Case Study

Living With Water Partnership, Hull, UK

Sector: Water, Built Environment, Coastal Resilience and Climate Adaptation, Arts Entertainment and Recreation
Highlights: Education, biodiversity, ecological uplift, property protection, community engagement, carbon mitigation
Project owner: Living With Water
Project start/end:
Hull and Haltemprice, Northeast England
Community impacted: Urban, Coastal, Rural
Hazards mitigated: Flooding
Number of vulnerable people made more resilient:  267,100*
*Kingston upon Hull population change, Census 2021 – ONS
Case study provided by:  Stantec UK Ltd

Find out more

Living With Water is a partnership between Yorkshire Water, Hull City Council, East Riding of Yorkshire Council, the Environmental Agency (EA) and the University of Hull, supported by Stantec. All stakeholders play an essential role in managing water in Hull and East Riding, and are collaborating to build flood resilience, develop innovative water management systems, and highlight the region as a great place to live, work and visit.

About the Project

Hull and Haltemprice are situated within a bowl-shaped zone with sloping topography leading to a flat, urban area; this causes rainwater to collect, triggering floods, with only 2% of the area considered not to be at risk from flooding. Flood risk is expected to increase as the population grows, urban creep decreases green space, climate change increases rainfall, and tide levels rise. Since 2007, there’s been significant investment to reduce these incidents, however, to prepare and adapt to climate change, a collaborative, long-term vision is required. The Hull and Haltemprice Blue-Green Plan was commissioned to look uniquely through a long-term lens, reducing this flood risk. The plan describes how blue (waterways) and green (vegetated) infrastructure can work together, improving flood resilience while enabling sustainable and healthy lifestyles and providing attractive places to live and work. Implementation of the plan will decrease flood risk as rainfall is managed at the source and the flow is slowed.

The research team brought in expert knowledge from universities, consultancies, councils, and the Environment Agency (EA). Due to the complex and long-term nature of the plan, a wide range of digital tools were used to capture accurate information, including the CIRIA B£ST estimation tool, Light Detection and Ranging (LiDAR), OS Mapping and Sustainable Drainage Systems (SuDS) GIS tools. With a unique opportunistic approach, solutions were developed to be delivered in a phased approach with the ability to adapt as possibilities arise.

One of the primary objectives of the plan is to reduce flood risk by implementing natural flood management techniques. This includes the restoration of floodplains, the creation of wetlands, and the use of sustainable drainage systems to absorb and slow down rainwater runoff. Green infrastructure elements, such as green roofs, permeable pavements, and bioswales mimic natural processes, allowing rainwater to be absorbed into the ground rather than causing surface runoff. This reduces the risk of flooding, improves water quality, and provides additional greenery in the cityscape.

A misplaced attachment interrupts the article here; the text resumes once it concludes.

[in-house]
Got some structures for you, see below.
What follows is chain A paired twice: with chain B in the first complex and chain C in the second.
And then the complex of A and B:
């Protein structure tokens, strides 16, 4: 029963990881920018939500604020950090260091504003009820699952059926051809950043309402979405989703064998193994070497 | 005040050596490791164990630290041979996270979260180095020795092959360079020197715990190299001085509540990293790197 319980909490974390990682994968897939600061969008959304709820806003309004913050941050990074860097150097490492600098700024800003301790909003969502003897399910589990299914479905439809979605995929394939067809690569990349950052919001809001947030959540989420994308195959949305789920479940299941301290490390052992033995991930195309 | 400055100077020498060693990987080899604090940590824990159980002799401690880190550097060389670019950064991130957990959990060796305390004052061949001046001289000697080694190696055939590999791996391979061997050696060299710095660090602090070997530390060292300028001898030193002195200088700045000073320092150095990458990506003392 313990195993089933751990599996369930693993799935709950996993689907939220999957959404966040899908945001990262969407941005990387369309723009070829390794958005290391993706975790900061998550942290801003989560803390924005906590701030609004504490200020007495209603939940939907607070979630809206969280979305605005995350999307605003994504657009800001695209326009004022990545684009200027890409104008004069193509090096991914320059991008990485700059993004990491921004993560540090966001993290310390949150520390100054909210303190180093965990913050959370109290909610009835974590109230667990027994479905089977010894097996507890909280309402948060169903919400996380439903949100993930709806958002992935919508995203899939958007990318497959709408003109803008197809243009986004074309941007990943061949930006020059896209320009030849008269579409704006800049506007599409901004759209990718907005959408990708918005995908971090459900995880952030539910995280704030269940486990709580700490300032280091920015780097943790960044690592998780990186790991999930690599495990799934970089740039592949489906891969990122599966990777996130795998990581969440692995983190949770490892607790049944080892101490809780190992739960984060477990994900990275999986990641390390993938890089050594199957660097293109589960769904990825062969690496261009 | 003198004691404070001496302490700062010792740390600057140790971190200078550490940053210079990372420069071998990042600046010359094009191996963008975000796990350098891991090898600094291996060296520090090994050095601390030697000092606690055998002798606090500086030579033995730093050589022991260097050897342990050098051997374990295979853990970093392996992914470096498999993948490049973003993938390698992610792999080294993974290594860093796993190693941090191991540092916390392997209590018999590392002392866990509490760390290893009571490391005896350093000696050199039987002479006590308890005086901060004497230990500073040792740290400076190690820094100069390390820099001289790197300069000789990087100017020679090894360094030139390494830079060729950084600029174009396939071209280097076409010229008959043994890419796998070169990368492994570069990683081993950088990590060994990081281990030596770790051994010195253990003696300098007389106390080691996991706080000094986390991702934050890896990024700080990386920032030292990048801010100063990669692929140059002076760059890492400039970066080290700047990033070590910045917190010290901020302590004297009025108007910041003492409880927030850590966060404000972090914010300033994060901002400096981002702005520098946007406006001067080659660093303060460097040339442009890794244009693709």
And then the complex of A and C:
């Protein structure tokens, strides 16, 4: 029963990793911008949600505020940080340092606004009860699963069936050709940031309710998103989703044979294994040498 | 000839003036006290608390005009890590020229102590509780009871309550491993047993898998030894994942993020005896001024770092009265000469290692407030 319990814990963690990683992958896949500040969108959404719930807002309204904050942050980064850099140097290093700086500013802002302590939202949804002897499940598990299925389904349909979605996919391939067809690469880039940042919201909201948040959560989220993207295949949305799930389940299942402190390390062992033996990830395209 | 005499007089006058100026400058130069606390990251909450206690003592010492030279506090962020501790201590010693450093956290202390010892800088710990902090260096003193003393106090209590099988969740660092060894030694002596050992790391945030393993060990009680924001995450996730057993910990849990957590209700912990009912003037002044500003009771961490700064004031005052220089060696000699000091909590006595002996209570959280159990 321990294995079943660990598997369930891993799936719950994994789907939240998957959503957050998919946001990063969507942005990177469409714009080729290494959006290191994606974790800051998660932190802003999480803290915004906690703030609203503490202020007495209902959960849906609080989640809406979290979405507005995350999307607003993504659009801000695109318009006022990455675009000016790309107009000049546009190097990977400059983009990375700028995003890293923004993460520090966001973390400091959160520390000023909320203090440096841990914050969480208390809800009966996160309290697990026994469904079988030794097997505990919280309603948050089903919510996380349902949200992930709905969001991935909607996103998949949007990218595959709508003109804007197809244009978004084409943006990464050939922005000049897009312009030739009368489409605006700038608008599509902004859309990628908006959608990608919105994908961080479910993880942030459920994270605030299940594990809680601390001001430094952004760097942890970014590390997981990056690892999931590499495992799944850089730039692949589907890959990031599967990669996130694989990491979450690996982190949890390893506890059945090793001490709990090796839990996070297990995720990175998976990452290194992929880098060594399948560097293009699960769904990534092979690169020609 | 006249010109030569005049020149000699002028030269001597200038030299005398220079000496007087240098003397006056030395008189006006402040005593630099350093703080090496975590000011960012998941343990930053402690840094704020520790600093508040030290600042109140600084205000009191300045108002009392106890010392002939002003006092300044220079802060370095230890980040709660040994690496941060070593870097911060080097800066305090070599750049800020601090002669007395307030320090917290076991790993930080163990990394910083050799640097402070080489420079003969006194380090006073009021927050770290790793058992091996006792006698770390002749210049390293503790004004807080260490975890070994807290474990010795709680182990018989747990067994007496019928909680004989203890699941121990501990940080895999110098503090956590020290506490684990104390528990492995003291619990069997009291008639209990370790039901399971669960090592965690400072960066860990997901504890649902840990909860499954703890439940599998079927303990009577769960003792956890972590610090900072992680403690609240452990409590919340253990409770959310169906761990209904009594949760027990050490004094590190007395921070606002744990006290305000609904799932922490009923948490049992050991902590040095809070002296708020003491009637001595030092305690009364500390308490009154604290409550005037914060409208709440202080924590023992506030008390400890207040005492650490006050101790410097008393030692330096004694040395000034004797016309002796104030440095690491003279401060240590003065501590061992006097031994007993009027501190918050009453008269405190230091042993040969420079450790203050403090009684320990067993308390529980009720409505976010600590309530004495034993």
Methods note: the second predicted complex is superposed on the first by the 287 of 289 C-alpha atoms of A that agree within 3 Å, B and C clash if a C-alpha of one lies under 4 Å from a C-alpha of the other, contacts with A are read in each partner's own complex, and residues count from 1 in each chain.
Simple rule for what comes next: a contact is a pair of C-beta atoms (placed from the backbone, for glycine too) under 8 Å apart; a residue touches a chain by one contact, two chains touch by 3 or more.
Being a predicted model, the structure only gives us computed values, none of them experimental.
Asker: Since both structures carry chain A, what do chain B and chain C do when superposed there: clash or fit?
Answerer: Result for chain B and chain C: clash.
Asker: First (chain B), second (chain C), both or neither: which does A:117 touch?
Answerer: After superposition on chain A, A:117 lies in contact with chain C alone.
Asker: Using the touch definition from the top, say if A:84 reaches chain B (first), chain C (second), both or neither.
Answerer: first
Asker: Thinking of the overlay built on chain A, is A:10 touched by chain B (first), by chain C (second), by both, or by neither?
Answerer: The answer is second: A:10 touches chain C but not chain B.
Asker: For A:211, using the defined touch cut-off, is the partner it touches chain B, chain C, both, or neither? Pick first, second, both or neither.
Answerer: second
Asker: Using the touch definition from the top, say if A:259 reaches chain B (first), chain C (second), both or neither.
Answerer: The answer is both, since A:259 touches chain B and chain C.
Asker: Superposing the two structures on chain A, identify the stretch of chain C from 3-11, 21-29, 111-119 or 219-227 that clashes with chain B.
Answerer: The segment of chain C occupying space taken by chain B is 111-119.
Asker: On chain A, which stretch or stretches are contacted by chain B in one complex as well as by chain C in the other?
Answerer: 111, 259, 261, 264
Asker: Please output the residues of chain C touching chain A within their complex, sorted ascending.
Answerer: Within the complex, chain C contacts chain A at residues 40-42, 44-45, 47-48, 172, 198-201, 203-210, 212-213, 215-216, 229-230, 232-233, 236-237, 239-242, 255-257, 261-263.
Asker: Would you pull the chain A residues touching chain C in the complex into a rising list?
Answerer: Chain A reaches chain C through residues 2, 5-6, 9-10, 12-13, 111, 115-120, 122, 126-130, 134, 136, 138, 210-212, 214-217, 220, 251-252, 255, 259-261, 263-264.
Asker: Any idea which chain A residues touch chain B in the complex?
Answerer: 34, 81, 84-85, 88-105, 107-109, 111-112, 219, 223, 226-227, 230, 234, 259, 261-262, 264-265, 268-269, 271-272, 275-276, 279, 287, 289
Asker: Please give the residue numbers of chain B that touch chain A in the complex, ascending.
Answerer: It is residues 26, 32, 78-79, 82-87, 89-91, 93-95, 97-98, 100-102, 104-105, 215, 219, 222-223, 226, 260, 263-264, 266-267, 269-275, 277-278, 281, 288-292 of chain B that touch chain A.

The plan also prioritises the restoration of natural ecosystems, such as wetlands, rivers, and green corridors. This enhances the resilience of these ecosystems by allowing them to function more naturally. Healthy ecosystems can better adapt to environmental changes and provide critical services like water purification and habitat for wildlife.

Climate-resilient planting and landscaping strategies, including drought-tolerant species, have been incorporated to help natural systems withstand the challenges posed by changing climate patterns. A focus on sustainable water management ensures the availability of water resources during periods of drought. This resilience is achieved by recharging aquifers, preventing over-extraction, and preserving water quality through natural filtration processes.

Deep public consultation has been undertaken to understand community needs and increase understanding of the plan. This included involvement with the Youth Parliament to include younger voices and community outreach events. The Hull and Haltemprice Blue-Green Plan also enables educational programmes and initiatives to raise awareness about the importance of nature in urban living.

Community engagement and participation are key to ensuring that the plan’s positive effects are widely distributed and inclusive. Educating residents about the importance of natural systems and involving them in conservation efforts builds a sense of stewardship and pride. Communities that are engaged in the preservation of natural systems are more likely to support and protect these systems in the face of challenges.

Using the CIRIA B£ST tool, it has been estimated that there will be 160,182 visits for physical and emotional wellbeing per year to new or improved green spaces. It was assumed that 40% of the local population within the study area will live near or will intentionally pass through these areas. The plan has laid the foundations to be recreated in other areas and Yorkshire Water has planned 10 similar projects due to the results of the Hull Blue-Green Plan.

Intended Outcomes


By building and improving green spaces, such as parks and waterfronts, residents will benefit from an enhanced quality of life, access to recreational areas for leisure and relaxation, and healthier lifestyles. Moreover, the plan’s flood mitigation measures ensure the safety of local residents, reducing the risk of property damage and displacement during extreme weather events and mitigating knock-on health impacts, such as physical and mental trauma, and skin and gut infections. Additionally, the promotion of sustainable transportation options, like cycling and walking paths, fosters healthier lifestyles and reduces traffic congestion and pollution, improving overall wellbeing. Access to green areas also reduces stress and promotes better mental health.